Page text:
- Ondo, Rivers, Kogi, Delta, Ebonyi, Lagos, nine other states targeted for implementation
The Federal Government on Wednesday received a $9,261,920 grant from the Canadian government to support the scale-up of COVID-19 vaccine service among high-priority risk groups.
The grant is also to strengthen the health system in Nigeria.
Speaking at the launch of the Canada Global Initiative for Vaccine grant in Abuja, the High Commissioner of Canada to Nigeria, Jamie Christoff said, the project was another example of Canada’s historical institutional relationship with the WHO to support Nigeria in the critical work for preventing disease and protecting those most at risk.
Christoff said though COVID-19 was no longer a global emergency, it was still important to reinforce public health systems as part of an inclusive and sustainable recovery.
“We must intentionally link up these efforts with routine immunisation and other services. This can help, for example, to reach children who missed routine vaccinations over the pandemic. We know that ultimately, it takes a health system to turn a vaccine into vaccination.”
He also said the project will also integrate COVID-19 into the country’s health information systems, enhancing information management and disease surveillance data, including gender-responsive data.
Christoff added that “Under CanGIVE, the WHO project will be implemented in seven countries, where Nigeria receives the greatest share of $9 million Canadian Dollars. Nigeria was also amongst the first countries to receive COVID-19 vaccine doses from Canada in September of 2021, and I am pleased to be able to continue Canada’s support to Nigeria with this latest project.”
In his address, the World Health Organisation Country Representative Office in Nigeria, Dr. Walter Mulombo said the grant has come at the right time to help improve coverage and uptake of the vaccine among the priority populations.
“As of now, 14 states are performing less than 50 per cent vaccination coverage of their target population, and we still have some vulnerable populations that are not sufficiently covered. Key among these subgroups are the aged 50 years and above, people with comorbidities, health workers, people living in humanitarian and security-compromised communities, and pregnant women.
“The WHO Director General’s declaration that COVID-19 is no longer a Public Health Emergency of International Concerns marks a turning point in the pandemic. The declaration does not mean COVID-19 is over as a global/national health threat. Though considerable achievements have been made, we are still at risk of infection as cases are still being reported in a number of countries.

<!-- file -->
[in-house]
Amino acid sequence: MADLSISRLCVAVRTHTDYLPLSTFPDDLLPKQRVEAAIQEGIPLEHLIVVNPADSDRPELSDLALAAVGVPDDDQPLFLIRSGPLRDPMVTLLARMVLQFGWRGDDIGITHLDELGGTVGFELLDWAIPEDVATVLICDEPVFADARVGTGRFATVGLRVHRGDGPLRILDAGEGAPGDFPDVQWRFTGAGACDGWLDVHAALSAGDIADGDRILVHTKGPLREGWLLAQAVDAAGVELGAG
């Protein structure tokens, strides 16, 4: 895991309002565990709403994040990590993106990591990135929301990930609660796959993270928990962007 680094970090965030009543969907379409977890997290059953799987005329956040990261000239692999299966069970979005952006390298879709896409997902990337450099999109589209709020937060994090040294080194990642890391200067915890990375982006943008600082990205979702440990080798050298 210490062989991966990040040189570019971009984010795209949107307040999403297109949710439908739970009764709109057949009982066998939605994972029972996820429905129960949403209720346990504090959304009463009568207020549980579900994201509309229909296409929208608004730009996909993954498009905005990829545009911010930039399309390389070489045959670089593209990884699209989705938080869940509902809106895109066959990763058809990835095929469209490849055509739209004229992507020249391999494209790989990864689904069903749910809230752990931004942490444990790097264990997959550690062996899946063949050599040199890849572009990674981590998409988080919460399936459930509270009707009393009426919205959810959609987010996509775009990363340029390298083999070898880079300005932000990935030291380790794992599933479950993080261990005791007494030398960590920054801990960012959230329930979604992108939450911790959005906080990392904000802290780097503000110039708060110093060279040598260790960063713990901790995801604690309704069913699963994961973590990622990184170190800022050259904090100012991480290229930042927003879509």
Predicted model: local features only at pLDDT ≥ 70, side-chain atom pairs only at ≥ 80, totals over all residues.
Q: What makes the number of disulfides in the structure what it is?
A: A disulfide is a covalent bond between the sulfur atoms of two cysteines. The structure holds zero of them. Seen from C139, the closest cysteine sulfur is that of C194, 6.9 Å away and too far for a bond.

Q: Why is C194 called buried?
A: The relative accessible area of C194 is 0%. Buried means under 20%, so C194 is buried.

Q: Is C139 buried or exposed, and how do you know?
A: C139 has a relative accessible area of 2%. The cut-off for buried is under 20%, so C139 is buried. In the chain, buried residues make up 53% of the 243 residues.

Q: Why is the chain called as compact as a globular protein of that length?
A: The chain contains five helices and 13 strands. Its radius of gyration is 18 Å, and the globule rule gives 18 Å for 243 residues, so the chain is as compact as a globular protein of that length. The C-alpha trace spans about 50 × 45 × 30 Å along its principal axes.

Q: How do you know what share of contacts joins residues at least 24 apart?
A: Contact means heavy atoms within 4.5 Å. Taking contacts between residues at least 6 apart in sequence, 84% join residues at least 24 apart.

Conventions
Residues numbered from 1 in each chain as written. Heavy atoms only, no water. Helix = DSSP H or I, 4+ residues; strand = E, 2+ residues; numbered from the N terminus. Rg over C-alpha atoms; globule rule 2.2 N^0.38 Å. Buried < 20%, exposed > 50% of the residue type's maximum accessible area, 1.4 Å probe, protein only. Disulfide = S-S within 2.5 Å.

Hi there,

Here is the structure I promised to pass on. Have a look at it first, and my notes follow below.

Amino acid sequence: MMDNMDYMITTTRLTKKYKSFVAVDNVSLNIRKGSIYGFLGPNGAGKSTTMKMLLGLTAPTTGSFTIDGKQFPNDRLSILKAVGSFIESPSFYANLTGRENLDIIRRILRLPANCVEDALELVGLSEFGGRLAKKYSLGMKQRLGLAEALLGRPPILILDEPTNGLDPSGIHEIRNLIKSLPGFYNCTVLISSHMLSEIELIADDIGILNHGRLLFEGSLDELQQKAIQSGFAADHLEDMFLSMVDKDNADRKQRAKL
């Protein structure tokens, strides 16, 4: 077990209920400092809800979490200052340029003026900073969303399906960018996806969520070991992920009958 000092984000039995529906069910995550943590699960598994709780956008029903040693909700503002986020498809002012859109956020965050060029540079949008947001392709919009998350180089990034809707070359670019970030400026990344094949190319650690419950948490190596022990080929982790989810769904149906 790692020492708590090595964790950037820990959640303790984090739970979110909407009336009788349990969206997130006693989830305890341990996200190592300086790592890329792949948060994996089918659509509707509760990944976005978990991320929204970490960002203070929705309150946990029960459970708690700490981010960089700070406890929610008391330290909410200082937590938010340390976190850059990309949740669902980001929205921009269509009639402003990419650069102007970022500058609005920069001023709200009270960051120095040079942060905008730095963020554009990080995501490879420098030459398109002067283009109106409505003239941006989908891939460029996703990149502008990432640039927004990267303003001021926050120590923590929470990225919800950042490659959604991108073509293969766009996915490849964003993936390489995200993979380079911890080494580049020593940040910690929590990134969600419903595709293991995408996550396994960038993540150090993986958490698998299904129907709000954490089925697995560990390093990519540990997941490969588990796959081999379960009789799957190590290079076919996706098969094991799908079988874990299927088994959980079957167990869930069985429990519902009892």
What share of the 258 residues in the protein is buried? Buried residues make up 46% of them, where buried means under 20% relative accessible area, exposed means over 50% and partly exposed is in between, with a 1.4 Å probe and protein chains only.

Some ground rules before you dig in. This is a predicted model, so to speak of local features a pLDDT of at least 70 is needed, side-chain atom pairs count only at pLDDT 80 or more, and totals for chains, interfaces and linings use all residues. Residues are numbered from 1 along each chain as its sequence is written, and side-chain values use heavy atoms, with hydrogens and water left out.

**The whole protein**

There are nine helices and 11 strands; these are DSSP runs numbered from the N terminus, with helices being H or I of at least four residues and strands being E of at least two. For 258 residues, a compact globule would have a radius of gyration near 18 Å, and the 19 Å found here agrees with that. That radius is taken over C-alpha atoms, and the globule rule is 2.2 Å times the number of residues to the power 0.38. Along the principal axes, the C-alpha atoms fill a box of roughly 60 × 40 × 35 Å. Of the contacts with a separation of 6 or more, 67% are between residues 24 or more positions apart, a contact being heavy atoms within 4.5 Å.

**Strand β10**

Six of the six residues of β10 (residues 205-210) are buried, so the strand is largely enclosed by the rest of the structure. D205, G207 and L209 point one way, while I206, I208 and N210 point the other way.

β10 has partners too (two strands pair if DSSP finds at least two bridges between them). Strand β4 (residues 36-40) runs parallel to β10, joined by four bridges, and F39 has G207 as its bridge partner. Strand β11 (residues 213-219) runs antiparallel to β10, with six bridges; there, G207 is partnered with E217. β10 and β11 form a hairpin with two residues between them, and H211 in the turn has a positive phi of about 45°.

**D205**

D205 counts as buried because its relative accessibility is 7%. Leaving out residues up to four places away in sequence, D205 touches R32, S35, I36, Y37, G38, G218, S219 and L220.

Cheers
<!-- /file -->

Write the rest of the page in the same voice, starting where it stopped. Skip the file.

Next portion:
“I would like to take this opportunity to caution all of us on the need to continue protecting ourselves by completing the primary series of COVID-19 vaccination and for those who have completed to continue with the booster dose schedule,” Mulombo said.
On his part, the Executive Director and Chief Executive Officer of the National Primary Health Care Development Agency, Dr Faisal Shuaib said since the COVID-19 vaccination programme was launched in Nigeria on March 5, 2021, over 75 per cent of the target population of individuals aged 18 and above have been reached with at least one dose of the COVID-19 vaccine.
“The programme has been implemented in phases, ensuring that eligible populations are reached and no one is left behind. Nigeria was among the first countries to establish an electronic registry and integrate COVID-19 vaccination with other primary healthcare services. Our One Country, One Team, One Plan, One Budget approach reflects our commitment to integrating lessons learned during and after the pandemic into our healthcare system.
“While we have made significant progress, we still have work to do. Several states have primary series coverage below 70 per cent, and booster doses account for just over 20 per cent of vaccinations. Therefore, this grant targets states with lower performance and aims to reach high-priority populations,” he said.
The grant will be implemented through the WHO and the states targeted for implementation include Ondo, Rivers, Kogi, Delta, Ebonyi, Lagos, Akwa-Ibom, Bayelsa, Benue, Ogun, Katsina, Taraba, Anambra, Kebbi, and Edo.